Ever seen a monkfish Riley? They are some kind of ugly fish. Their livers are prized across the pond and when draggers hit them in any quantity they cut out the livers and then filet the relatively small pieces of meat behind the gigantic head and send them into commerce. It might have been Jacques Pepin, the old 60 minute gourmet at the NYT that started the "Poorman's Lobster" label, he had a nostalgic thing for monkfish (also known as goosefish). I've tried it every which way and it bears no resemblance to lobster.
Sorry, but wasn't part of the joke that the poor, or "poor" man's lobster costs $10.99 a pound?
Fish is incredibly expensive. I cant afford to buy it and I live in the biggest fishing port in North America.BTW, 200 dead walrus washed up onto the beach up north. (Free for the taking I imagine, but then, not fish.)
Even at the current very low prices for lobster ($5 a pound in Maine last week) that still translates to $28/lb for lobster meat. Monkfish is still lots cheaper, if not quite as tasty. And the fillets can be frozen and shipped inland to provoke Riley. The lobsters, in their seasonal shed cannot be so shipped, though their meat, machine picked and pasteurized for the aforementioned $28 can be.Plus I bet The Editors over at the Poorman Institute don't buy much lobster anyway.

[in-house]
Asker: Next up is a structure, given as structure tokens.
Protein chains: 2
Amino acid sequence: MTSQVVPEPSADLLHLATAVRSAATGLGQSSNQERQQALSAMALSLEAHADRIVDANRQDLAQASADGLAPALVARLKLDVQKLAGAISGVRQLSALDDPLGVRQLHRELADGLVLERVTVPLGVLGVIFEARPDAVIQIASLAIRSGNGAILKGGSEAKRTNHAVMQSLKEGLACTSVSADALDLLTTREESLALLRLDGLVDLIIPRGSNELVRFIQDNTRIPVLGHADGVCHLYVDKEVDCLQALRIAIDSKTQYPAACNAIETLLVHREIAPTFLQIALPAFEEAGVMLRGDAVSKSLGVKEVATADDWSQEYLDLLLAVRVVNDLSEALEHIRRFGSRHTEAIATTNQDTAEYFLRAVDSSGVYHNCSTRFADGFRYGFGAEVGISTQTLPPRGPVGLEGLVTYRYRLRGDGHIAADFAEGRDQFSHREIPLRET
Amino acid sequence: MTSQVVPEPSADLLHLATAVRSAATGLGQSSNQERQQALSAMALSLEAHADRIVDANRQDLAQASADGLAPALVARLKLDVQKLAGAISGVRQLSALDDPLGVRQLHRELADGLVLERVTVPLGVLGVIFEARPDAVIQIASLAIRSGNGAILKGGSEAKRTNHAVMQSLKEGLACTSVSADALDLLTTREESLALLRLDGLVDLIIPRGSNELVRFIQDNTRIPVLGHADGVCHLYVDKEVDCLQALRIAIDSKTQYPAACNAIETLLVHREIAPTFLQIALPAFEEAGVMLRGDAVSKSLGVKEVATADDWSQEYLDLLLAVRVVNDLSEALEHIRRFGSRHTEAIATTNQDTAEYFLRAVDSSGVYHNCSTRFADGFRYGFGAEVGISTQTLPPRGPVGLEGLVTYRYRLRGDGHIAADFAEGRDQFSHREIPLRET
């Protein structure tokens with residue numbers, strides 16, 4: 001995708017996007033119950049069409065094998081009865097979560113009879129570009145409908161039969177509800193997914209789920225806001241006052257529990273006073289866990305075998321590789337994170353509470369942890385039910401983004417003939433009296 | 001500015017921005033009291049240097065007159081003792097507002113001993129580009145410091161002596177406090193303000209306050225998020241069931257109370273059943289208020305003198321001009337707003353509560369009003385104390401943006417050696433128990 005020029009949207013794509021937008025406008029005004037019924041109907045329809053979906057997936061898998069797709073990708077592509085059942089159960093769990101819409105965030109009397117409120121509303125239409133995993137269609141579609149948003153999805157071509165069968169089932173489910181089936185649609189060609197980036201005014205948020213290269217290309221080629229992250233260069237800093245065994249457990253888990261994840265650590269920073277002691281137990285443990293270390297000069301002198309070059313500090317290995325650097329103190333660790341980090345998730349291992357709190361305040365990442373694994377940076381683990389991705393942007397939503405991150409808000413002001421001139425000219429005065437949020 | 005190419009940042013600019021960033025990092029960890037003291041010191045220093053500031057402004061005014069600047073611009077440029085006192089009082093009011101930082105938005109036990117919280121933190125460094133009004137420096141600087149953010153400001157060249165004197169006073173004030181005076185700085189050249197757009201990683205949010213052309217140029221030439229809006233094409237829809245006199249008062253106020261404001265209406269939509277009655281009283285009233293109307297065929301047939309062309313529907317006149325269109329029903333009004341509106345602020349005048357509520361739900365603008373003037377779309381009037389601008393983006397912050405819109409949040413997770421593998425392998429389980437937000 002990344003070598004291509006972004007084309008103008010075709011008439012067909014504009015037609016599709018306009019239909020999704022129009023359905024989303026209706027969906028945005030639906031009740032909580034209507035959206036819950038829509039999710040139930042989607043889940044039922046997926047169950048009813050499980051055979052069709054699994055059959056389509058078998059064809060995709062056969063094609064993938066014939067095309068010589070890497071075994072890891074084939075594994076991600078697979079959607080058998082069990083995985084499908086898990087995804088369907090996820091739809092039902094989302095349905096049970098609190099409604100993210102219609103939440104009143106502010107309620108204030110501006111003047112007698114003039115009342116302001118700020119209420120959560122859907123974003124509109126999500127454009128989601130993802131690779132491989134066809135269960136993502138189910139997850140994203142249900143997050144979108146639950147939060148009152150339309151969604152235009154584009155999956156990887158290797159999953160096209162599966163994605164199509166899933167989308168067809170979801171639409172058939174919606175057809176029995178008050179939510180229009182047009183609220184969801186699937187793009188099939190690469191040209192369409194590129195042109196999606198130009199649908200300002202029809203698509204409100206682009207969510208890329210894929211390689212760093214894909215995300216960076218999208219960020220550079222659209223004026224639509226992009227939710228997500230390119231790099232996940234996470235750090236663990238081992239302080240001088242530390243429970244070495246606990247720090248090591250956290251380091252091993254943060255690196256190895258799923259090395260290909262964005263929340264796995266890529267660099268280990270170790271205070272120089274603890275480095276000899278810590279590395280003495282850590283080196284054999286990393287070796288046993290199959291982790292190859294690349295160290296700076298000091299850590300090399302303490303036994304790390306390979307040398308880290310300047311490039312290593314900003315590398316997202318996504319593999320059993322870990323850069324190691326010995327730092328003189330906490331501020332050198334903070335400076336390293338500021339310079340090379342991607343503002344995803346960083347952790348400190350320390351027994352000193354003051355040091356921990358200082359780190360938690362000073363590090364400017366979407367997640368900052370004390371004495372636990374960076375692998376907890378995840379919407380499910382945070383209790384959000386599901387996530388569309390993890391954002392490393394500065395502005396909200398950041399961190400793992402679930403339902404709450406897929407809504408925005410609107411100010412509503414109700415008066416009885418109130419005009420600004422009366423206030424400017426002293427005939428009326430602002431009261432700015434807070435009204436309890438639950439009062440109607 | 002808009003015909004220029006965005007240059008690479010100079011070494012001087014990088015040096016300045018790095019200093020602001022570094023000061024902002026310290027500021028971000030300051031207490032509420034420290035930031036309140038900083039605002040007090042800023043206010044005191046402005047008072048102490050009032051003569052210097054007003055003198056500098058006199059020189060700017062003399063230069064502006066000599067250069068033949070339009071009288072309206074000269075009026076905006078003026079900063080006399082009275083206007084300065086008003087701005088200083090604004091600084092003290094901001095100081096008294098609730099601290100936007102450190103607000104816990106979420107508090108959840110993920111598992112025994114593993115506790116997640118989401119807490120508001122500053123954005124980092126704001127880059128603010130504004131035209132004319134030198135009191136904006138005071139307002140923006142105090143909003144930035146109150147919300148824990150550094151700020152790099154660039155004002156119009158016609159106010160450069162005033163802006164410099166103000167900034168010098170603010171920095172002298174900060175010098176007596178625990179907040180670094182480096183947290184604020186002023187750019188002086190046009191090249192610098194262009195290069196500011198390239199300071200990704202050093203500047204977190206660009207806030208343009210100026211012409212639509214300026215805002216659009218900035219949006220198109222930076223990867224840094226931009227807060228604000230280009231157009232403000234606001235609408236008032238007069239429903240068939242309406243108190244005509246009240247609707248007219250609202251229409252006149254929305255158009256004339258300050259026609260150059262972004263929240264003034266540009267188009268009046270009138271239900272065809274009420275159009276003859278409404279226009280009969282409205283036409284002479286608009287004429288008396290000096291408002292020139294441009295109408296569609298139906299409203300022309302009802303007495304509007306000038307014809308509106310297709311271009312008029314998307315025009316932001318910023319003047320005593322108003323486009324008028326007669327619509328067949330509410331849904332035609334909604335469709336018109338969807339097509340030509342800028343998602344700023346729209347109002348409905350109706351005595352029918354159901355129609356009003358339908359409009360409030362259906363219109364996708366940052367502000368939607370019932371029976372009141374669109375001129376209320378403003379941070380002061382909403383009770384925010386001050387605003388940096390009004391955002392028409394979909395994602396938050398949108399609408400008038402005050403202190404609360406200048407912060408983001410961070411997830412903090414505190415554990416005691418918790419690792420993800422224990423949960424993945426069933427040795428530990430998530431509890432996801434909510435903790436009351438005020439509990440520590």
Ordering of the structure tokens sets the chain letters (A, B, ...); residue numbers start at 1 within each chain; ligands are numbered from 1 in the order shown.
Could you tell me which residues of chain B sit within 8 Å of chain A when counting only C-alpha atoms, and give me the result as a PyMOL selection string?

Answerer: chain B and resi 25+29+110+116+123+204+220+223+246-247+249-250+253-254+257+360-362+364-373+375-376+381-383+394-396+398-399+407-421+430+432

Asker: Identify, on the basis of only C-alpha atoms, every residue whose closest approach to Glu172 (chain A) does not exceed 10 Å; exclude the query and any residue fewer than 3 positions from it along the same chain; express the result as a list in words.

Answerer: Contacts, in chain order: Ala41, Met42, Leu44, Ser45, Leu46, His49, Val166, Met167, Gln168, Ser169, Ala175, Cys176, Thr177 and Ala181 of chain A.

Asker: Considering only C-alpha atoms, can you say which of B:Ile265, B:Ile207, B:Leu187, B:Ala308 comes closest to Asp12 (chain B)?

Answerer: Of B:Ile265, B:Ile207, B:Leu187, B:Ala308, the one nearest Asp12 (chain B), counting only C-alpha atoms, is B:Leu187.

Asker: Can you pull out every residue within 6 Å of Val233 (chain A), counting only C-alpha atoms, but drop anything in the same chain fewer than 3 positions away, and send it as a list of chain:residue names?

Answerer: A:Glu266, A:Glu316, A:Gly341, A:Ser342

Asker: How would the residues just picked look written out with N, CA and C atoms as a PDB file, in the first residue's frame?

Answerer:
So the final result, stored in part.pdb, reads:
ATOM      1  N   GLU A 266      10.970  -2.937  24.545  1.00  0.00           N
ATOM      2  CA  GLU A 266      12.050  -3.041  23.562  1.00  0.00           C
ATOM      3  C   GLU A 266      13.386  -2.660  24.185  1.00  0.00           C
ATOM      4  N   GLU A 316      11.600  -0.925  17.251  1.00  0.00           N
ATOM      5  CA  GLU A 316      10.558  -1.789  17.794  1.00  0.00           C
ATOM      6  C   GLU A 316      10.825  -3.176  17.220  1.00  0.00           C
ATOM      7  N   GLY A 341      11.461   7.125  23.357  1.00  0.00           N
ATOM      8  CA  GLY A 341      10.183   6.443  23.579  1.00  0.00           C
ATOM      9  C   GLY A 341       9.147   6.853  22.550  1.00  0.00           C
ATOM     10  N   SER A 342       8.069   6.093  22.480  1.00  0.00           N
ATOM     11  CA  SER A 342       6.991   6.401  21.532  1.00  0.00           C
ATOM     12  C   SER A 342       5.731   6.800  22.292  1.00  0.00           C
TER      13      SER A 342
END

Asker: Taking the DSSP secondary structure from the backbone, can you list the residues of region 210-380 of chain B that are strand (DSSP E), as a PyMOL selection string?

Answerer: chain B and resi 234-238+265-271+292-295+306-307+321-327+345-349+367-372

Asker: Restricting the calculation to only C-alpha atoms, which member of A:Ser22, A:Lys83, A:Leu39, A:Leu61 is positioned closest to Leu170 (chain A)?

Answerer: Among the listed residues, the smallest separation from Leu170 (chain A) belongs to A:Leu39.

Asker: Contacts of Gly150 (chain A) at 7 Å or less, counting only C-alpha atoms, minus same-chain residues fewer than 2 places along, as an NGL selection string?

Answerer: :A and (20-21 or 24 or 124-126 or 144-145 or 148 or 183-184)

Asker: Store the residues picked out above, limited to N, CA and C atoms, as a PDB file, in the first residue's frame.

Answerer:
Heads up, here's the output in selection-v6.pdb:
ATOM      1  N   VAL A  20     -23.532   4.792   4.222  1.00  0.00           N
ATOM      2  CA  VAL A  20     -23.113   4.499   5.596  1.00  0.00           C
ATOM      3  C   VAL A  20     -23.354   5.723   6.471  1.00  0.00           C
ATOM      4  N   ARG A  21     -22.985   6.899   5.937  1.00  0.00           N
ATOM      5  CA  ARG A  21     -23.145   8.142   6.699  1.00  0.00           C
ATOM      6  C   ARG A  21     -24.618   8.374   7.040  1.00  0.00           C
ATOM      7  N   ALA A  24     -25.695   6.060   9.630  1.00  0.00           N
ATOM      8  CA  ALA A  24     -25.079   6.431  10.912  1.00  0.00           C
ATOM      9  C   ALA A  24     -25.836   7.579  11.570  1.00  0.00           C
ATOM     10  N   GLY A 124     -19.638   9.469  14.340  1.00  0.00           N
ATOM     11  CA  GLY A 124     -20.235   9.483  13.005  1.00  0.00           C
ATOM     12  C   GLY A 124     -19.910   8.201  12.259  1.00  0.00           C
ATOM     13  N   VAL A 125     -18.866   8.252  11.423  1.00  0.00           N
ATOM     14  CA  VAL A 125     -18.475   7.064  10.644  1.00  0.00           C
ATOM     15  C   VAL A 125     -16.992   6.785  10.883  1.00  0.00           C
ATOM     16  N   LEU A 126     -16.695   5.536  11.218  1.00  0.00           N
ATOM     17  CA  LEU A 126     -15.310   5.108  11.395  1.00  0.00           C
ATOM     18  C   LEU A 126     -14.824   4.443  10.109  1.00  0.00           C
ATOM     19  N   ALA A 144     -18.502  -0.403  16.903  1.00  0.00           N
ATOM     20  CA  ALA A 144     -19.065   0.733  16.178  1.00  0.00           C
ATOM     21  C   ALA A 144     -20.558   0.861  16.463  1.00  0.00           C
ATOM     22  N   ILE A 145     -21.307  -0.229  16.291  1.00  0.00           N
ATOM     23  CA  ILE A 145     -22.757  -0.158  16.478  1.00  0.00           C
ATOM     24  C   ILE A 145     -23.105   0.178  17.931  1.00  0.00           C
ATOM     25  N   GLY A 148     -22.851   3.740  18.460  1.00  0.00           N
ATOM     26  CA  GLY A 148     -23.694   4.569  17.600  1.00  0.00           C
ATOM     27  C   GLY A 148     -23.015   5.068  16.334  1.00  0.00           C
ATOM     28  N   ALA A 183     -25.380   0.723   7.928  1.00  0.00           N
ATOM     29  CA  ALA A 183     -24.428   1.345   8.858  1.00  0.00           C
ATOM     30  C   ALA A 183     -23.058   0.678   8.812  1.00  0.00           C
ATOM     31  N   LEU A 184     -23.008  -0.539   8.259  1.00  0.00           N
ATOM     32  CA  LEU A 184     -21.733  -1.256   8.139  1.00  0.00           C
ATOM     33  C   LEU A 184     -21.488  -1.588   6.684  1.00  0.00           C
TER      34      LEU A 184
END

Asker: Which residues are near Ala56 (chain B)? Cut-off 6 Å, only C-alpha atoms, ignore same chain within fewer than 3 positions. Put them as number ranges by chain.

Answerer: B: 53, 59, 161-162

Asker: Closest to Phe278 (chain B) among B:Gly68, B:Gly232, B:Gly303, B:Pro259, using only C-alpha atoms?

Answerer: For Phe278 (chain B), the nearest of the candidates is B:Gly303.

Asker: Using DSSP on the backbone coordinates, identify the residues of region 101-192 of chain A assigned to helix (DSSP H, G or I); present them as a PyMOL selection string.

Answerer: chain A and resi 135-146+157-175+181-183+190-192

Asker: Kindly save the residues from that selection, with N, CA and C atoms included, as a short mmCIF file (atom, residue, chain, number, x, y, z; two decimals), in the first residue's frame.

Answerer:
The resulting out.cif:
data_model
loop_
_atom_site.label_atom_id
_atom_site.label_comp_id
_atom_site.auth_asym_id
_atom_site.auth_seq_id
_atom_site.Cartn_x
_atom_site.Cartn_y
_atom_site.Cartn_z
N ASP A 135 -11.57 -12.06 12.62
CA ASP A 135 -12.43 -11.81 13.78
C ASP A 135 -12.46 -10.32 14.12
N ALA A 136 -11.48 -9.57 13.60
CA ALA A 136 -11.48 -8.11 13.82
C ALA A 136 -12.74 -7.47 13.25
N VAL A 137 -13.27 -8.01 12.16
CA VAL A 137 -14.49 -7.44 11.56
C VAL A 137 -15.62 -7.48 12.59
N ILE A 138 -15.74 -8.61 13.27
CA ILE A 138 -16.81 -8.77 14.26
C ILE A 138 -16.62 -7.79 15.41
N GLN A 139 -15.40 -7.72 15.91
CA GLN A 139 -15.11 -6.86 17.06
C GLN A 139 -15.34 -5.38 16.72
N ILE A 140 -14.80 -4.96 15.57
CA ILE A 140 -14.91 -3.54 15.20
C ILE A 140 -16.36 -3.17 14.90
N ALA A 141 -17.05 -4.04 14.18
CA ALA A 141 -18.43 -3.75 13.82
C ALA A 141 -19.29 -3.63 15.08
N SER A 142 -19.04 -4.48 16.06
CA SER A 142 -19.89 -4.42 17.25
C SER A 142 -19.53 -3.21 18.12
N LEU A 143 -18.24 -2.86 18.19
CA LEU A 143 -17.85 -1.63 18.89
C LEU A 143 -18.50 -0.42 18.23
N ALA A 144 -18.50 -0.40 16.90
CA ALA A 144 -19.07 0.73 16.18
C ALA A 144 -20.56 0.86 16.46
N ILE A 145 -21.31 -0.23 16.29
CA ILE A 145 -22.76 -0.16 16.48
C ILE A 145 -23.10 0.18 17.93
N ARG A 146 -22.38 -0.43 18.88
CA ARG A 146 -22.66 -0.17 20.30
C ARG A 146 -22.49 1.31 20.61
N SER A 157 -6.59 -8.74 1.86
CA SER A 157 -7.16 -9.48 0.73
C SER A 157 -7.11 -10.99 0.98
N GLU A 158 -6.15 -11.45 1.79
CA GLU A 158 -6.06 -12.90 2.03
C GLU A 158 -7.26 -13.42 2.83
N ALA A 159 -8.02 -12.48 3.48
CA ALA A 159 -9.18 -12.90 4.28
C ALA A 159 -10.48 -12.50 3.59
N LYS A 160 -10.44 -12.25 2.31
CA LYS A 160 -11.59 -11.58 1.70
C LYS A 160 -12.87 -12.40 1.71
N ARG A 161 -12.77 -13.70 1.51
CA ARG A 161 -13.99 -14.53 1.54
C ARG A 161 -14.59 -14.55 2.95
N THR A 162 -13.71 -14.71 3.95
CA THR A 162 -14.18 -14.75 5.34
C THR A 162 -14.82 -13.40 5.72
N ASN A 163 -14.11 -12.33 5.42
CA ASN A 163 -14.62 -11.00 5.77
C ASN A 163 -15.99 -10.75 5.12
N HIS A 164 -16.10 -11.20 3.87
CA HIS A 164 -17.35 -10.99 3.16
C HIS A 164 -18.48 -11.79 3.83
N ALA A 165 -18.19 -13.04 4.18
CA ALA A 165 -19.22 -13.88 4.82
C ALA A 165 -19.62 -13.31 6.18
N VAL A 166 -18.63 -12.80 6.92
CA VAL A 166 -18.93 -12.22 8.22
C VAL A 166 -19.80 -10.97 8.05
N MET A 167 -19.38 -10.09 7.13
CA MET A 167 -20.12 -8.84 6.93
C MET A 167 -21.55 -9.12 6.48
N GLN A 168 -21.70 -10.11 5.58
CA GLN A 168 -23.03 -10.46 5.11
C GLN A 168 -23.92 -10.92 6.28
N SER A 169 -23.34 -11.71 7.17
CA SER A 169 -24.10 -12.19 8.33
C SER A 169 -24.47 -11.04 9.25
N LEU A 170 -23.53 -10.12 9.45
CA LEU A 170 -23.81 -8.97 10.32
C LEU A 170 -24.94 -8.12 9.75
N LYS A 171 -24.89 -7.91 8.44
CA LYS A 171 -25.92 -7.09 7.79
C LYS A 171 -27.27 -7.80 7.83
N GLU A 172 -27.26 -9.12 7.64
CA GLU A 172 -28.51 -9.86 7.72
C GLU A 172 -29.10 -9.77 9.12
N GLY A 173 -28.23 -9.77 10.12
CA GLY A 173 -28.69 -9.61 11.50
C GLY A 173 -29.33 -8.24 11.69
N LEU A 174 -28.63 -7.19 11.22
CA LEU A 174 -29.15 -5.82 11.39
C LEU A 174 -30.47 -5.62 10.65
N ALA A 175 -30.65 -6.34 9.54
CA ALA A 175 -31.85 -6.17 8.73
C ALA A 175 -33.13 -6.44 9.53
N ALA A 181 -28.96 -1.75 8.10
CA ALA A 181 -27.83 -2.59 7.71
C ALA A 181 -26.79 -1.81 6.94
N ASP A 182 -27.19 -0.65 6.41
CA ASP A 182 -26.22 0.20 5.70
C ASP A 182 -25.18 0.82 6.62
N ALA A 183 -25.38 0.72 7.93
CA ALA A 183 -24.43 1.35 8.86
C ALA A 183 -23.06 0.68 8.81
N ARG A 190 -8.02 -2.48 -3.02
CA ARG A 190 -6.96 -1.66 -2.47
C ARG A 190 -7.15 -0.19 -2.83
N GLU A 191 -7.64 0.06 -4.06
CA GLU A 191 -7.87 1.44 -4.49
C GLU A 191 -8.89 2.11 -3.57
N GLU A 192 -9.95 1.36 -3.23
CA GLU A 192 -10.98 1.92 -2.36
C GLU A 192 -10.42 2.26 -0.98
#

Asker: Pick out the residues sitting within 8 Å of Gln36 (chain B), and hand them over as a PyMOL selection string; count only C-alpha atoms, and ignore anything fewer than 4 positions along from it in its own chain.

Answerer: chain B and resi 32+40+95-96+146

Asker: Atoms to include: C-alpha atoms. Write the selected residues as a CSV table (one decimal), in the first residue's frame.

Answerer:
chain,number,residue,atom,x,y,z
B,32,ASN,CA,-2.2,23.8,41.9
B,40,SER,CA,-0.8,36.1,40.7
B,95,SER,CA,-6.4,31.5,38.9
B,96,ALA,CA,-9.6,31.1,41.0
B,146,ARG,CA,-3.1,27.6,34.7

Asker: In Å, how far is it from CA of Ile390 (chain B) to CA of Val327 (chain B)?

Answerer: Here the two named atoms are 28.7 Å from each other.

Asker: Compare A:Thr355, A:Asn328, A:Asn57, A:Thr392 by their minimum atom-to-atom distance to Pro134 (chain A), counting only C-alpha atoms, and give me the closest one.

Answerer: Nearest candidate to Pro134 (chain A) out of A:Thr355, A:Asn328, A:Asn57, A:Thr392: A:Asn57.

OK I got the joke, such as it is, and was just being my usual tendentious self.I guess what I was trying to say was that when a fisherman is selling you monkfish, even through a third party, he's already made his money on the livers and is willing to say anything to convert some of the by-product into currency. Poorman's Lobster has probably worked before on suburban climbers that want to economize yet still enjoy their dream of up-scale luxury. It's obviously not going to tempt any actual poor people.
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